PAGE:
How we Reimagined Hosiery
When we launched, we made a promise to design products that are radically better than anything currently out there. We could have relabelled someone else’s product, or brought out the same style in different colours. Commercially viable, perhaps, but not the way to fundamentally change women’s underwear.
For this, we knew that we needed to reimagine everything - design, materials and manufacturing. So, as a young company, we began with an item we could prove ourselves with: the long-forgotten pair of tights.
The key was starting with a list of what women did – and didn’t – want. We began by creating a laundry list of the issues you face when wearing tights, and then we asked three questions to radically change their design.
Firstly: what would stop tights digging in at the waist?
As women, we know that the waistband on regular tights is one of the most common sources of grief. When the subject came up in our first round of research, Camilla, one of the 67 women from our original collective, told us that she feels “constricted all day” when wearing tights: “when I take my tights off, I’m left with a seam imprint on my skin.”
If there’s one thing that isn’t uncomfortable, it’s the flexible waistband on our yoga leggings. So, we took inspiration from sportswear to design a waistband that would make us want to move.
This meant treating our waistband as a separate component to the legs of our tights, and knitting it using a dedicated machine. Because waists aren’t straight up and down, we knit our waistband in a wavy line so that – when doubled over – it fits neatly onto the waist.
Then, we used different types of stitching to hand-sew the waistband onto the legs of our tights, choosing between overlock and flatlock depending on size, to make sure our waistband is appropriately stretchy.
Next, we asked: what would stop tights itching the backs of our thighs after a few hours?
Anyone who wears tights at their desk all day knows that by lunchtime, they’re scratching the backs of their thighs. Sam raised this as the main issue she had with her tights: “they drive me insane because of how hot and itchy they get.”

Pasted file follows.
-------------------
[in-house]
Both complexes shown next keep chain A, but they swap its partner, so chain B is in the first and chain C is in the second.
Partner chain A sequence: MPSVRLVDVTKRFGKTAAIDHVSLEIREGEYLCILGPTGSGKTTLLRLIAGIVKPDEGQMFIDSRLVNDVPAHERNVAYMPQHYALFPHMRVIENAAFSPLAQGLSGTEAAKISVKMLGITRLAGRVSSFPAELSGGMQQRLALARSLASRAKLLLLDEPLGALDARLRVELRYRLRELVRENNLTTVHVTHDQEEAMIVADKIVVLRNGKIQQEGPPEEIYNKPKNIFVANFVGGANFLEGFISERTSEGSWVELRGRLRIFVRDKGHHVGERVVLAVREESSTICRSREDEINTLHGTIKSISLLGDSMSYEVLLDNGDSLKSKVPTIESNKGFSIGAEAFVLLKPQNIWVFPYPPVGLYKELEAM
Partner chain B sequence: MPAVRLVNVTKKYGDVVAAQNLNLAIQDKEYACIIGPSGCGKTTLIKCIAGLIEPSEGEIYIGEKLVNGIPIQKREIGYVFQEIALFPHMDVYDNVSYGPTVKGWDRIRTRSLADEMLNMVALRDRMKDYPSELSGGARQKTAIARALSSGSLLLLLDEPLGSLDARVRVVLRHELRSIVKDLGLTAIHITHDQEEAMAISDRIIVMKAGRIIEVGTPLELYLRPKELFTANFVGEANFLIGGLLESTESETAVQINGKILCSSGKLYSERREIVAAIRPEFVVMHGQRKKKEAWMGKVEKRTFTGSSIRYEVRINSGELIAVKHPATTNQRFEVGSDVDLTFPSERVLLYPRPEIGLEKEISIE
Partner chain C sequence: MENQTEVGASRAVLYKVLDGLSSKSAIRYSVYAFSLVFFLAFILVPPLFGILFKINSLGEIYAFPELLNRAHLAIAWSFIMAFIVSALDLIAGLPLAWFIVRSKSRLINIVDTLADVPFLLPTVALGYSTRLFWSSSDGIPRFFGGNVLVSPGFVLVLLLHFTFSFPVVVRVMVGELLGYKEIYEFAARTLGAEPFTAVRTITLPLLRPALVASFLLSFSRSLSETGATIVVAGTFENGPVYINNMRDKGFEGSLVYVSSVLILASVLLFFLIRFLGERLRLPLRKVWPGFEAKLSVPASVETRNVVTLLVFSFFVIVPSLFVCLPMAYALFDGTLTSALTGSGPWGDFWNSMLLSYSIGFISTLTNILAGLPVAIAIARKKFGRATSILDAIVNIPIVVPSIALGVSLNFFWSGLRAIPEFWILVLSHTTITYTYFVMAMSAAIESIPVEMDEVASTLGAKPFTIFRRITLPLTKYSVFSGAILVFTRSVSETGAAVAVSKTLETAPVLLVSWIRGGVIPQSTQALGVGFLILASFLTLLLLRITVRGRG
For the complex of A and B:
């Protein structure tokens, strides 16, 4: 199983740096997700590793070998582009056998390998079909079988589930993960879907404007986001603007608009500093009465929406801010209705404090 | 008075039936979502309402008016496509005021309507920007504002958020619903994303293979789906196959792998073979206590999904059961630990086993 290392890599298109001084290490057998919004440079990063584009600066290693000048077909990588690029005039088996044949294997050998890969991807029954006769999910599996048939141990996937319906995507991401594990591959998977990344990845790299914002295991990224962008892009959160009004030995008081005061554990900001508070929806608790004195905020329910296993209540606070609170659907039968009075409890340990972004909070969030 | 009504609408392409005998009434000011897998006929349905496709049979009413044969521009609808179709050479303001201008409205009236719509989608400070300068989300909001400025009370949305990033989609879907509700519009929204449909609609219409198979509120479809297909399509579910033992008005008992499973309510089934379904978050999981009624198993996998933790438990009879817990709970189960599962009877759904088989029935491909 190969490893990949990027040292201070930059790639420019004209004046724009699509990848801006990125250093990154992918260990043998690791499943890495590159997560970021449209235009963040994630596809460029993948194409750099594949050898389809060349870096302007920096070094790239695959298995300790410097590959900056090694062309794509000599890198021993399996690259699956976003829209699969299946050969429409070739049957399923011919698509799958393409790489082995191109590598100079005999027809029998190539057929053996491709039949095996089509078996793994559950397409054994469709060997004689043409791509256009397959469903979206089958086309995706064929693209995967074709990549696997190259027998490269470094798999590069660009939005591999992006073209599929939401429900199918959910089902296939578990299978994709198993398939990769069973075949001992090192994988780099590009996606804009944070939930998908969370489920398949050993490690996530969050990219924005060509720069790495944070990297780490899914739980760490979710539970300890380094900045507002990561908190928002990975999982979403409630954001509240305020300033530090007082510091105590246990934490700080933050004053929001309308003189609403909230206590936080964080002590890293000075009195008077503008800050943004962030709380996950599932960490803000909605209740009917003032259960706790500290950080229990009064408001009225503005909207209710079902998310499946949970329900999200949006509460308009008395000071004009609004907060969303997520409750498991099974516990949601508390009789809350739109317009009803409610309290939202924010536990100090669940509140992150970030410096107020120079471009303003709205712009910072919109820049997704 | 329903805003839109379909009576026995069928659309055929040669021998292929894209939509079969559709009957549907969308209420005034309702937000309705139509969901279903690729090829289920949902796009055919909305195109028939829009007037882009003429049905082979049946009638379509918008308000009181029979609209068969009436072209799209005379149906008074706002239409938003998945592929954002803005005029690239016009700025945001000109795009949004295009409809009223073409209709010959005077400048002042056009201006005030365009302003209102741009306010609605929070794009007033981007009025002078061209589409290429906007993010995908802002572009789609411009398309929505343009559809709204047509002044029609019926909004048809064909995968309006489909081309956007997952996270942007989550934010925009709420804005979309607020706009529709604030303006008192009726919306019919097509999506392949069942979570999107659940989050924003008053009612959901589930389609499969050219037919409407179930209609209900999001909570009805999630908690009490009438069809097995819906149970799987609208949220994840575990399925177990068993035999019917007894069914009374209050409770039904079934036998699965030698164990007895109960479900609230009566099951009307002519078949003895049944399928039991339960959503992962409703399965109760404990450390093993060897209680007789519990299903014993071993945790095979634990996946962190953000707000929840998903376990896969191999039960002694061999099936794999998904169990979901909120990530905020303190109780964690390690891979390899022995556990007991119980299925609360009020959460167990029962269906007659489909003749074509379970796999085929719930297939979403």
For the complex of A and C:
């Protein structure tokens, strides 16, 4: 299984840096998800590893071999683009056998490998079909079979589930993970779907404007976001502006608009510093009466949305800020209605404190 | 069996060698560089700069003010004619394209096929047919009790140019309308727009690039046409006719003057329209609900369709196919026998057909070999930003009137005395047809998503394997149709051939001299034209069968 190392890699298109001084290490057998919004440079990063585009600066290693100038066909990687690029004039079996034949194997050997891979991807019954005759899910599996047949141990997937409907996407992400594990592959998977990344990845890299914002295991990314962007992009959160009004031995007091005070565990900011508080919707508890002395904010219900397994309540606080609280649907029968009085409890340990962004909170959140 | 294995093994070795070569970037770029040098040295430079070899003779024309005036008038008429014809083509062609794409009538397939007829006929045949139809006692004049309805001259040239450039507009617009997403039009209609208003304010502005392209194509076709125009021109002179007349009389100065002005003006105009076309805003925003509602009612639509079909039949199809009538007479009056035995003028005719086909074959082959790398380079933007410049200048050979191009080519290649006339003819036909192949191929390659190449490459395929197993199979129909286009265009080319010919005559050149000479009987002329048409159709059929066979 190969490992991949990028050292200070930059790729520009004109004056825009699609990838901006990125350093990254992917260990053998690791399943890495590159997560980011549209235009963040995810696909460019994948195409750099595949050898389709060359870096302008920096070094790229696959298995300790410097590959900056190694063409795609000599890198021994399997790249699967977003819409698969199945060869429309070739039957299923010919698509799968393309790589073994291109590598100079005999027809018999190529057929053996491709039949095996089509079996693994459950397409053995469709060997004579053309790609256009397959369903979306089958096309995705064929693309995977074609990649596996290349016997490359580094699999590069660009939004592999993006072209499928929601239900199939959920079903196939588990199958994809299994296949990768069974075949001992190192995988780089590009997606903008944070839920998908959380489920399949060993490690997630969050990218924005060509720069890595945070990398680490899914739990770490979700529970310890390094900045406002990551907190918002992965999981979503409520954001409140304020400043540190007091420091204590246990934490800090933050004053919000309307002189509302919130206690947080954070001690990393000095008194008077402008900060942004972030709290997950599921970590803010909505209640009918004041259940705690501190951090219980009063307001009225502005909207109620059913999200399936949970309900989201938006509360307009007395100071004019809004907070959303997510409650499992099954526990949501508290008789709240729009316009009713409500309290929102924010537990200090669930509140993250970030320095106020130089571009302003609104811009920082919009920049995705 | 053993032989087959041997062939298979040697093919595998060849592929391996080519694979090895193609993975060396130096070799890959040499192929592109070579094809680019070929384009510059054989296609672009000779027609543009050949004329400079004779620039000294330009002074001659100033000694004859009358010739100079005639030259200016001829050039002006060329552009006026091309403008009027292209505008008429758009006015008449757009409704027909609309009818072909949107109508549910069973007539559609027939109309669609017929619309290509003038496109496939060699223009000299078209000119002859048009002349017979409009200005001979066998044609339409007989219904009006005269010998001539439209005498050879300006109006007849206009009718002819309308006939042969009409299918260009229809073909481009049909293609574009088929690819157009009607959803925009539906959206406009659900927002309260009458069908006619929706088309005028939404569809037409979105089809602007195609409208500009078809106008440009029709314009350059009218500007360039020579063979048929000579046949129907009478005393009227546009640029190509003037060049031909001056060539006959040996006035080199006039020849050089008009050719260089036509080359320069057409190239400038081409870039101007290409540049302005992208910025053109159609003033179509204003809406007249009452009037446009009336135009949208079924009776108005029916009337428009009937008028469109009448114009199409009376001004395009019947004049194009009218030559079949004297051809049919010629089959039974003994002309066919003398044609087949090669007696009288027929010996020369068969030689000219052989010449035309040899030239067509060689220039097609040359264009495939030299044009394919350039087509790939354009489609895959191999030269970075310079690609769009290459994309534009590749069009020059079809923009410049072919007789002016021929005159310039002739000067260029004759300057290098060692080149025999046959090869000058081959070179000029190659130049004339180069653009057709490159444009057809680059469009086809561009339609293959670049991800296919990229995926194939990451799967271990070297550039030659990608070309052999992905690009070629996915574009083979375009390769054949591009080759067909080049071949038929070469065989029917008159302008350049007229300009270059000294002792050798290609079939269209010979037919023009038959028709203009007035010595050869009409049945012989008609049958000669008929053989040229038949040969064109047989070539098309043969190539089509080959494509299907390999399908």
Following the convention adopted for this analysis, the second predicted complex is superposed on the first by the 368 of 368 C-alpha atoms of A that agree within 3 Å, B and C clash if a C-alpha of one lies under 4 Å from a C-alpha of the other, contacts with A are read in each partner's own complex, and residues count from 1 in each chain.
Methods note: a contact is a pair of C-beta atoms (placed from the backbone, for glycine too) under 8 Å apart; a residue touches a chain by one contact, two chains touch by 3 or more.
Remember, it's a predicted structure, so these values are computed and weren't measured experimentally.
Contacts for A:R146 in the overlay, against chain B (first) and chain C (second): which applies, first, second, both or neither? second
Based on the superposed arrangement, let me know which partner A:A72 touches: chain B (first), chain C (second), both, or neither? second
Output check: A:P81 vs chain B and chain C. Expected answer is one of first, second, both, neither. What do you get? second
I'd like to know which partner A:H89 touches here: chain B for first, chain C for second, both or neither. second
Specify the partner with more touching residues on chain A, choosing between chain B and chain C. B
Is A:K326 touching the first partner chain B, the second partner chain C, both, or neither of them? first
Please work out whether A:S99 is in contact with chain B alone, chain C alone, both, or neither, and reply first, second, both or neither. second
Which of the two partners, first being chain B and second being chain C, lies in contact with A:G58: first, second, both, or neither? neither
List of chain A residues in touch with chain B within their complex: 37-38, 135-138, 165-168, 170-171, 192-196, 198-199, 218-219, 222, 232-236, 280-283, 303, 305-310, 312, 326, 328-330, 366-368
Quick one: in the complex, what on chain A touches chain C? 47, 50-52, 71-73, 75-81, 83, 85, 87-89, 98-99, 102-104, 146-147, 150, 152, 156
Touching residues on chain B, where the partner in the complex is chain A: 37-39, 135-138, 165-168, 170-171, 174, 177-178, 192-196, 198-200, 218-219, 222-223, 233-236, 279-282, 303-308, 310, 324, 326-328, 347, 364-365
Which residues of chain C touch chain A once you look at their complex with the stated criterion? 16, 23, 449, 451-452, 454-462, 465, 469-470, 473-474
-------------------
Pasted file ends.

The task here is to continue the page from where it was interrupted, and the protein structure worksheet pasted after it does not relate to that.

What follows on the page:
With the endless varieties of yarn available, we knew there had to be a combination that would make for the softest pair of tights on the market. We chose a specially texturized nylon wrapped around an inner core of stretchy elastane. Knowing that the more times you wrap nylon around an inch of elastane, the softer the yarn becomes, we opted for 5000 spirals per inch – ten times the industry average. A spool of our yarn takes a whole three and a half weeks to make, but for us, this is essential to get the right feel.
And we didn’t stop there. The machine that knits yarn into tights typically operates at between 700 and 1,200 rotations per minute. We run ours at 400. It’s more expensive and takes longer, but it allows for a more even coverage and reduces the chances of missing a stitch. The outcome? Super smooth legs.
Finally, we asked: what would stop tights slipping down all day?
As we move throughout the day, the friction between our legs and the seams in our tights gradually pulls our tights down, which is maddening. Kim, who we met at the Curve Fashion Festival in 2017, told us that she had to wear three pairs of knickers over her tights just to hold them up. Talk about dedication.
Our answer? Get rid of seams altogether. Rather than knitting, cutting and stitching together two legs with a front and a back seam as with conventional tights, we designed ours to be knitted in a single tube. This made the gusset a thing of the past, where it belongs. The only seam remaining was the one on each toe, where our machine starts knitting. We got rid of it by simply tucking the toe seam under the foot.
Two years later, a pair of Heist tights is dispatched every fifteen seconds. But we’re not finished yet. Now, we’re setting our sights on fixing the rest of underwear, starting by understanding the challenges women face, and then applying radical innovation to launch products that are the best available.
More from us soon.
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This article was originally published on Medium.
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